A website, what it actually takes

There is an idea that a website should be put in place, though the reason why is not well understood. The early days of the web positioned the company site as a tech-savvy alternative to the brochure. The site could be quickly put in place and left there. That has changed, and the process is more complex.

In order to put in place and use a site, three broad steps have to be followed. These consist of putting in place the website, making the site is secure, and keeping the site up to date with current technology.
The first step contains several sub-steps. Before the site can be developed, a server has to be prepared. This server has to contain an operating system for the site, much like a computer contains an operating system on a computer which runs the programmes.
Once the OS is in place, the site can be developed. This will include the core of the site, and any additional modules which add functionality to the site. Theoretically, at this point, the site is almost ready to run, and content will be added.
At this point however, the site should be optimised for speed. Few people have time to watch a site loading, so the better optimised for speed it is, the better the chances of someone hanging around to look at it.
Once the site is optimised, and working well, with all its contents, on the development domain, the IP address can be safely pointed at the web address.
The second step is to ensure that the site is secure. This entails a number of functions. Typically, the OS on which the site is developed will change, as will the modules which give it functionality. At the same time the site will be under continuous threat from hackers. The degree of threat depends on the value of the data and the functionality on the site. You may really have something valuable to lose, or you may just be a convenient platform for a hacker’s message, or a fun way for a hacker to test his or her skills.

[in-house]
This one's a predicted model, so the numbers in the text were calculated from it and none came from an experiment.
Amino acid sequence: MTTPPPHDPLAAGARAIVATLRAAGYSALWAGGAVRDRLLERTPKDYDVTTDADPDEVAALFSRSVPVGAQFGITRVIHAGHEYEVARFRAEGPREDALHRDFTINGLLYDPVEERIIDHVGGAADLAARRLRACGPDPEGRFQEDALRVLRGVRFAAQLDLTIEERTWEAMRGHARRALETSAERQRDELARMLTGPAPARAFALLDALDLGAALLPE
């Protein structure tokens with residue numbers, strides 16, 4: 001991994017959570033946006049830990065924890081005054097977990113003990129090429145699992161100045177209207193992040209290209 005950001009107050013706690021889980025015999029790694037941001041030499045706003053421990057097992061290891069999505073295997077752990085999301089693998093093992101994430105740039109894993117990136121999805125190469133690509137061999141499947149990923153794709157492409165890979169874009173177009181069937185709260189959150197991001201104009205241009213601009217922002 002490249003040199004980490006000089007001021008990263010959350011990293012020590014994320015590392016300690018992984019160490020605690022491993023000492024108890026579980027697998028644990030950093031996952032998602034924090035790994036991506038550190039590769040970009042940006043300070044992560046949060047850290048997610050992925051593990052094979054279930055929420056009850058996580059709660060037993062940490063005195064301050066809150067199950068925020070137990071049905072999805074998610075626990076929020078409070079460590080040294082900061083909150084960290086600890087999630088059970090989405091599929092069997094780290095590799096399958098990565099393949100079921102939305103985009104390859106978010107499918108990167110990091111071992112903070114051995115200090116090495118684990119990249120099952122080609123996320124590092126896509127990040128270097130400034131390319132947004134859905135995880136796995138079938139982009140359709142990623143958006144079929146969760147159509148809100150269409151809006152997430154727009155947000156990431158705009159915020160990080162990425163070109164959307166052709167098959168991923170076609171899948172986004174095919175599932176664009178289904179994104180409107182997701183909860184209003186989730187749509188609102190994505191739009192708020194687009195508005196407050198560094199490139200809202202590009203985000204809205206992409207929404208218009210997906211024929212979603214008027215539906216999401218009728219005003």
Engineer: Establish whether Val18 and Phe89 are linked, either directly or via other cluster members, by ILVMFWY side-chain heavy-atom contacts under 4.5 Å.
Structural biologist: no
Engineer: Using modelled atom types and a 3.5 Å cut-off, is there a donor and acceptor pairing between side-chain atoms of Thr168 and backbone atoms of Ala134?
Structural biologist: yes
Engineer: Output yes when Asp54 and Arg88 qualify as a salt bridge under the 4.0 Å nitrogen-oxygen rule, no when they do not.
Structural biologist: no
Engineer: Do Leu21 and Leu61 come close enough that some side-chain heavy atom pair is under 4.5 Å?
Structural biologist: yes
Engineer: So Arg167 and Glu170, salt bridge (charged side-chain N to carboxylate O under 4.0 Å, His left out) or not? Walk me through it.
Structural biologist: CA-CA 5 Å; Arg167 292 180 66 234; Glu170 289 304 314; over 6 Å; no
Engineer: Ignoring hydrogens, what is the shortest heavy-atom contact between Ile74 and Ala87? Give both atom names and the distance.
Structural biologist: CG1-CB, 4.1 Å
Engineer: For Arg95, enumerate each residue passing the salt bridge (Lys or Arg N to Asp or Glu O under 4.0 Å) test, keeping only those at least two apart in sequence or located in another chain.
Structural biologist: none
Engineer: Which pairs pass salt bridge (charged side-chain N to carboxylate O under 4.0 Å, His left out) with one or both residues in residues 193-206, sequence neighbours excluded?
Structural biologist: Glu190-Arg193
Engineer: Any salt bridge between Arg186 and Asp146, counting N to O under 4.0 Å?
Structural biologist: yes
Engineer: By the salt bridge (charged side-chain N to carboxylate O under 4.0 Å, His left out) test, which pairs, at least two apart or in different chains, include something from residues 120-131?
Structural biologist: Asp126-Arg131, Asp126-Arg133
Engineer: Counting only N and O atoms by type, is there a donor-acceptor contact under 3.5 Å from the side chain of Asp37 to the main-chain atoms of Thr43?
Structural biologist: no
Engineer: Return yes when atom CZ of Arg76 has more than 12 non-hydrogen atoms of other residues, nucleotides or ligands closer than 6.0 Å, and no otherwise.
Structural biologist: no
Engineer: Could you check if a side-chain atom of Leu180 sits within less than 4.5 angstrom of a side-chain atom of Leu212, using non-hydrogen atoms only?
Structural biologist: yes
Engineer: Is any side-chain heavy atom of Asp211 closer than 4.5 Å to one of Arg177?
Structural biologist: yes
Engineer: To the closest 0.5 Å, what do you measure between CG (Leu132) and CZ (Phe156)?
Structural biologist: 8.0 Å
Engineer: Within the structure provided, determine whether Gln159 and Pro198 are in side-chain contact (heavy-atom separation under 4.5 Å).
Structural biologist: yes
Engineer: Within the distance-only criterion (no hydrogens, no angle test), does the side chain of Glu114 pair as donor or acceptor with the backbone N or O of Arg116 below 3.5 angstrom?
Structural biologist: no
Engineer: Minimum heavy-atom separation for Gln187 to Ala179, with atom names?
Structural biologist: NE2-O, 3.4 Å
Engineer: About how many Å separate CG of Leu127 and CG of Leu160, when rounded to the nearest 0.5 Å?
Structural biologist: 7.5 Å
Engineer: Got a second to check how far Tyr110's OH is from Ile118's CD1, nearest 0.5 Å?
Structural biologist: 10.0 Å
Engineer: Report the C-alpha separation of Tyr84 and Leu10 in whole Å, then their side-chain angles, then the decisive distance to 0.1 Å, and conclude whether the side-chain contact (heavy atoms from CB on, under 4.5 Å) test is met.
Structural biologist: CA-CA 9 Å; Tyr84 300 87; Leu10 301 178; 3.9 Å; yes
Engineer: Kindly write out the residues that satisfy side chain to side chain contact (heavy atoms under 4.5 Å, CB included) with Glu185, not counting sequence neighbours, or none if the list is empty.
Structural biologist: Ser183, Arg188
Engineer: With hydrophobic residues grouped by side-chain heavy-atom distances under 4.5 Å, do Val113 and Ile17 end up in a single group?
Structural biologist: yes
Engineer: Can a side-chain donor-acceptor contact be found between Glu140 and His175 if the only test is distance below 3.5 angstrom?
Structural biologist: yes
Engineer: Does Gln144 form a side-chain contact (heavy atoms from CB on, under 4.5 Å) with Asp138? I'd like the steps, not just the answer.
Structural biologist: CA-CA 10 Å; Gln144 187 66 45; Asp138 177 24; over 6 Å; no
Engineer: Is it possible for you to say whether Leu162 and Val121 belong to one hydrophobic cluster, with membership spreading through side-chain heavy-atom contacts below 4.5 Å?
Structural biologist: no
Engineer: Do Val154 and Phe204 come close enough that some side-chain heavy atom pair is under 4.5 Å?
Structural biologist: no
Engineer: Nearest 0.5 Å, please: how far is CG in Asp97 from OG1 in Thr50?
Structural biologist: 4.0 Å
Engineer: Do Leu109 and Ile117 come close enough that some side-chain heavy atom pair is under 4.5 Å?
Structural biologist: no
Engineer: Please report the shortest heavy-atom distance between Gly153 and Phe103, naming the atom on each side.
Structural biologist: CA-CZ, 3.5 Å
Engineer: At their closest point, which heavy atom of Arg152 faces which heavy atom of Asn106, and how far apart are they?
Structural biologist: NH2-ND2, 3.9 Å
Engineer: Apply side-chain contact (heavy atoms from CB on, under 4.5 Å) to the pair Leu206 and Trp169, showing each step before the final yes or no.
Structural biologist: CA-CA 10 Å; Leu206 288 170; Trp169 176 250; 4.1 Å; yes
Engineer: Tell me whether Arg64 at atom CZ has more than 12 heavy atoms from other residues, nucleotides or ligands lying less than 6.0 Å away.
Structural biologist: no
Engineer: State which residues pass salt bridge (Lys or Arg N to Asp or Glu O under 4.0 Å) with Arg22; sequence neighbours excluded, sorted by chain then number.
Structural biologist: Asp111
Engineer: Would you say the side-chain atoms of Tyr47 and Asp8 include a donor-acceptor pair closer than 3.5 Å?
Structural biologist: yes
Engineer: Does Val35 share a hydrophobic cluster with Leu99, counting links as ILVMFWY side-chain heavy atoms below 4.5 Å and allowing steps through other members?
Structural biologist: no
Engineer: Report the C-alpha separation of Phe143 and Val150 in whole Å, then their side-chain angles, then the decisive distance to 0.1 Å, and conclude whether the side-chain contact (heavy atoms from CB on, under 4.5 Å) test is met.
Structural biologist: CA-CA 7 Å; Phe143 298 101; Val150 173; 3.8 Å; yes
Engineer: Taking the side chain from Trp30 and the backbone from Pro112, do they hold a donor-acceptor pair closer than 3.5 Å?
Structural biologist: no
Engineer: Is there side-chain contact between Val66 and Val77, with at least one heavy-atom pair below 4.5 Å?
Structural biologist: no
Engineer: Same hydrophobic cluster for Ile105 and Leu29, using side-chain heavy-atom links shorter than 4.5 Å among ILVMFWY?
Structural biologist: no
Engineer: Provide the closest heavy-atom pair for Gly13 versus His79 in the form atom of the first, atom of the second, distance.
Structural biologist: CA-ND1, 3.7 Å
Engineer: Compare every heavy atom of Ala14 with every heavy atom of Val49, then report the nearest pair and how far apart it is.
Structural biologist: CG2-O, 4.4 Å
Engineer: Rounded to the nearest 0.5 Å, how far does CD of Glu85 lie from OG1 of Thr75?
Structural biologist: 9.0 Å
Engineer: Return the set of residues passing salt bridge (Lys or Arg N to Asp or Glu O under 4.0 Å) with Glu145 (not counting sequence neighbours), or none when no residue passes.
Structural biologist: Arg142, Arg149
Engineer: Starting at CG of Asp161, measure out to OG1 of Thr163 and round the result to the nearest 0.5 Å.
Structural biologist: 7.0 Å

In order to limit the possibility of a breach, security must be in place, firstly to prevent hacking of the server, and secondly to prevent hacking of the site. A second process entails backing up the server and / or site so that in the event of a successful breach, the site and server can be restored relatively rapidly. This should be backed up in two places. If this seems excessive, bear in mind that a determined hacker can go almost anywhere.
The additional factor to consider here is that there can be moments when servers crash, taking data with them, so dispersed back-ups become doubly important.
The third step is closely related to security, but also considers functionality. As operating systems and modules become known, functionality is improved and weaknesses are identified, which may be exploited. In order to deal with this scenario of shifting goalposts, regular patches are released, and have to be applied as they are released.
And every few years, much like office computing, new iterations of operating systems are released. This means that the OS and site have to be upgraded from the ground up, typically every few years.
What this boils down to is an ongoing exercise in the management of site technology. Yet it is a valuable exercise. Somebody recently pointed out to me that a search for and examination of a company site is an important way to establish the credentials of a company. In other words if the website is poorly executed, the company needs to get it together again.
The obvious thing is that setting up a good website and managing it should not be left to chance. The person who sets up the website has to be vetted for professionalism, and the ability to go the distance. The internal process must be managed by people who understand the parameters of the job, and it cannot be left alone once it is up. There are distinct steps to be followed with clear checks and balances.
A website is a long-term marketing commitment.


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